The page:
Matsumoto, located in Nagano Prefecture, is best known for its historic castle, designated a UNESCO World Heritage Site, but this is not the only thing to see there.
If you have a day or two, I recommend visiting this charming city and its surrounding area.
How to get there from Tokyo?
By train :
- Take the Hokuriku Shinkansen to Nagano and change to the JR “Shinano” limited express to reach Matsumoto,
- Take the JR “Azusa” limited express from Shinjuku Station which goes directly to Matsumoto.
In both cases, the journey takes about 2 hours and 30 minutes.
Note that there are also buses that travel between Tokyo and Matsumoto. The trip takes about 4 hours and departs from Shinjuku Station.
What to see in Matsumoto?
Now, let’s tour around Matsumoto, a city whose climate closely matches that of Munich, Germany. It’s cooler and drier than cities like Osaka and Tokyo, and it boasts clean air, especially during the summer.
The famous Matsumoto Castle, built in the 16th century, is a UNESCO World Heritage Site and has been referred to as “Crow Castle” because of its black exterior. It is the emblem of the city and is beloved by tourists as well as locals.
If you go to the top floor, you get to enjoy panoramic views of the city and even the Japanese Alps in the distance.
There are also exhibits dedicated to the history of the castle and the city of Matsumoto.
Nawate-dori is a charming shopping street located just south of Matsumoto Castle.
Lined with traditional Japanese shops and restaurants, there are also several frog-themed shops and attractions, earning it the nickname “Frog Street.” As frogs used to live there in the past, it quickly became the emblem of the area.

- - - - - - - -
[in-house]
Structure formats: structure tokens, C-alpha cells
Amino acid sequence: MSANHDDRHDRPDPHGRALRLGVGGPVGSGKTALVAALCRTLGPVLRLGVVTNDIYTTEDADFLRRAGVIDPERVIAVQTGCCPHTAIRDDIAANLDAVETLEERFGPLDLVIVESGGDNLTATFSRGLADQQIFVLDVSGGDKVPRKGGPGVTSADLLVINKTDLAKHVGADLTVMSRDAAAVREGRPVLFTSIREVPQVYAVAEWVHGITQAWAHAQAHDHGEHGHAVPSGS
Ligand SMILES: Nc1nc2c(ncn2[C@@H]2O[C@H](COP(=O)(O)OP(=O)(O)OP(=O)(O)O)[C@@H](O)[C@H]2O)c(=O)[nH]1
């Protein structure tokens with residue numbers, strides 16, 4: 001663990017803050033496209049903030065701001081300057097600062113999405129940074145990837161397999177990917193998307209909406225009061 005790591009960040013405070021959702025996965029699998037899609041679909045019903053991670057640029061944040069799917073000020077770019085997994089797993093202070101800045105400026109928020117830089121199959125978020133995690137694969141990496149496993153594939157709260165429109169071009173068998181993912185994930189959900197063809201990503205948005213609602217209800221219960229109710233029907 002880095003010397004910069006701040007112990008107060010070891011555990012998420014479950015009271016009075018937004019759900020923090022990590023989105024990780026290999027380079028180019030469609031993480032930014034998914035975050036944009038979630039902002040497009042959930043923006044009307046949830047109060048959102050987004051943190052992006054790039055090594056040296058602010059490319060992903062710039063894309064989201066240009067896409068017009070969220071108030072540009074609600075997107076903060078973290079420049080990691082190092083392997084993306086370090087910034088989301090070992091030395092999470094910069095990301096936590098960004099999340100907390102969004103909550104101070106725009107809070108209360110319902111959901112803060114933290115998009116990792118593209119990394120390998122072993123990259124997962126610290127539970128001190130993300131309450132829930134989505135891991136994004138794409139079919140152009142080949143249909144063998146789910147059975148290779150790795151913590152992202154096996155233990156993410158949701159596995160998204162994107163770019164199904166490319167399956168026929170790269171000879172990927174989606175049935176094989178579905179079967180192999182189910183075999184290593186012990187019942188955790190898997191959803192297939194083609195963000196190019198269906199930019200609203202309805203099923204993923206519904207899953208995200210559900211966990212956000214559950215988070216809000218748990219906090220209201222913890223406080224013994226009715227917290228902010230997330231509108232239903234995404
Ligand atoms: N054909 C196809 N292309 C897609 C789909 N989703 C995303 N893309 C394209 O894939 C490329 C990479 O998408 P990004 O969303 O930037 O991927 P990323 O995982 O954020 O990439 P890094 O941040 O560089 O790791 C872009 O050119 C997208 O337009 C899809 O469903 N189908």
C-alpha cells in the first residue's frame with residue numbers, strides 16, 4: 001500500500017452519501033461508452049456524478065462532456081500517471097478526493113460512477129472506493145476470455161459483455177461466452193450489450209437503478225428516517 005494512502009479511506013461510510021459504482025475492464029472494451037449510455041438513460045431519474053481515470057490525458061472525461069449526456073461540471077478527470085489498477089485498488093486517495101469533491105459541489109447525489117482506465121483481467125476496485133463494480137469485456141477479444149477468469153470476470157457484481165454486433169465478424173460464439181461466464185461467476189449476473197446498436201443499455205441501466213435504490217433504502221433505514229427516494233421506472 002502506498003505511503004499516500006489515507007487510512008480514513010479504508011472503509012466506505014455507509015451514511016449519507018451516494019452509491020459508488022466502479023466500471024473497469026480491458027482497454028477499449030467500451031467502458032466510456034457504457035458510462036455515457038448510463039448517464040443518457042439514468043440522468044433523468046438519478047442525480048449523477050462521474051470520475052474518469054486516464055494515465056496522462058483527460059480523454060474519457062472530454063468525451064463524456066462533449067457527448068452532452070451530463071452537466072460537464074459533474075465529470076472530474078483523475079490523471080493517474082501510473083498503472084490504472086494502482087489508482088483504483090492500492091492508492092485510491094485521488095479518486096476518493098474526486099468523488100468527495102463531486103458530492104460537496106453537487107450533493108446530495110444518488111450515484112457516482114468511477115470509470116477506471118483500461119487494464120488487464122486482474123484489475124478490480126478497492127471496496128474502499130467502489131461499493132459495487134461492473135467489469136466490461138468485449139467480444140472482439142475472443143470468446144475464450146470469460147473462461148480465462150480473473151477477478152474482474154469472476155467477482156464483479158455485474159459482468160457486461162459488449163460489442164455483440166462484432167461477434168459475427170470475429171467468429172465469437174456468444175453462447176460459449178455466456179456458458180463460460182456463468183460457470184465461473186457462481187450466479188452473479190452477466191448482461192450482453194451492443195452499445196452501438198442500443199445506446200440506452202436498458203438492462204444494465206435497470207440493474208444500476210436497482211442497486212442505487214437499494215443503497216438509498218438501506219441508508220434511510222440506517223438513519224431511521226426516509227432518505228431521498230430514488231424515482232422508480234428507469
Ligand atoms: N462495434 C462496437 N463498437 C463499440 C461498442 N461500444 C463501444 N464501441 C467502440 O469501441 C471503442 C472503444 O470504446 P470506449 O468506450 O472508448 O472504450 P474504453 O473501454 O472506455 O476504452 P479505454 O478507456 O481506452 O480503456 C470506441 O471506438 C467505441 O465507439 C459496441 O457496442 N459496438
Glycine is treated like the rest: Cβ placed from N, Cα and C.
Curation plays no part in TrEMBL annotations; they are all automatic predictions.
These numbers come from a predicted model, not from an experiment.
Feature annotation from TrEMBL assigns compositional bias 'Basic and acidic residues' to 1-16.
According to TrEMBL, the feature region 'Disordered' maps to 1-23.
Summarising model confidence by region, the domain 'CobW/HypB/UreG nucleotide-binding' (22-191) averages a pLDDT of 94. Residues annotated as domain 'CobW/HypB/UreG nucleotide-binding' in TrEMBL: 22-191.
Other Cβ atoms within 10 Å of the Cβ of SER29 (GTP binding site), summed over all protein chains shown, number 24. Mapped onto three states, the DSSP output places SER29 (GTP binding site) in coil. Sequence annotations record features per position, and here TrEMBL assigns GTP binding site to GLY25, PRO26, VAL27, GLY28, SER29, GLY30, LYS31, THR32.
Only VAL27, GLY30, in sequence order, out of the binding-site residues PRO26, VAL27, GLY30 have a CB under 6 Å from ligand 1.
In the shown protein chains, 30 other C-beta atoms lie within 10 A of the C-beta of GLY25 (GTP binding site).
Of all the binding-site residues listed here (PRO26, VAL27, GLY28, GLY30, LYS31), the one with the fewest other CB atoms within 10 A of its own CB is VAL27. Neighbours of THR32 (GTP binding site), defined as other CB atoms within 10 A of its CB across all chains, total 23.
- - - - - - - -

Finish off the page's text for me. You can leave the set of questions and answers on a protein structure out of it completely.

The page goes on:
Matsumoto City Museum of Art（松本市美術館）
Matsumoto City Museum of Art has a collection of works inspired by the city of Matsumoto and its surroundings.
The museum is also home to a permanent exhibition of the work of the world-renowned avant-garde artist Yayoi Kusama, born in 1929 in Matsumoto.
Nakamachi Street is a shopping street dating from the Edo period, located south of Matsumoto Castle. The road is lined with traditional Japanese confectionery shops, souvenir shops, and restaurants. It’s a good place to buy souvenirs for your friends and family or taste local food.
The Japan Ukiyo-e Museum（日本浮世絵博物館）
The Japan Ukiyo-e Museum opened in 1982, is a private museum with a collection of works owned by the Sakai family, who have gathered more than 100,000 pieces over several generations.
The museum’s collection includes works by some famous ukiyo-e artists, such as Katsushika Hokusai, Utagawa Hiroshige, and Ando Hiroshige.
Former Kaichi School（旧開智学校）
The former Kaichi School designated a National Treasure, was built in 1873 and is one of the oldest Western-style school buildings in Japan.
The former school is now a museum, which exhibits a variety of artifacts related to the history of the school, including textbooks, uniforms, and photographs.
Kametaya Sake Brewery （亀田屋酒造店 酒遊館）
Founded in 1870, it is one of the oldest sake breweries in Japan.
Kametaya Sake Brewery is mainly known for its Junmai Daiginjo sake, which is made from Yamada Nishiki rice.
The brewery, which is located in a traditional Japanese farmhouse, uses traditional methods to make sake. The water used to make sake is drawn from a nearby spring, and the rice is milled to a very high degree. The fermentation process is also very slow, which results in a sake that is rich and flavorful.
Kametaya Sake Brewery offers tours of the brewery from May to September and also has a museum that exhibits the history of sake brewing in Japan.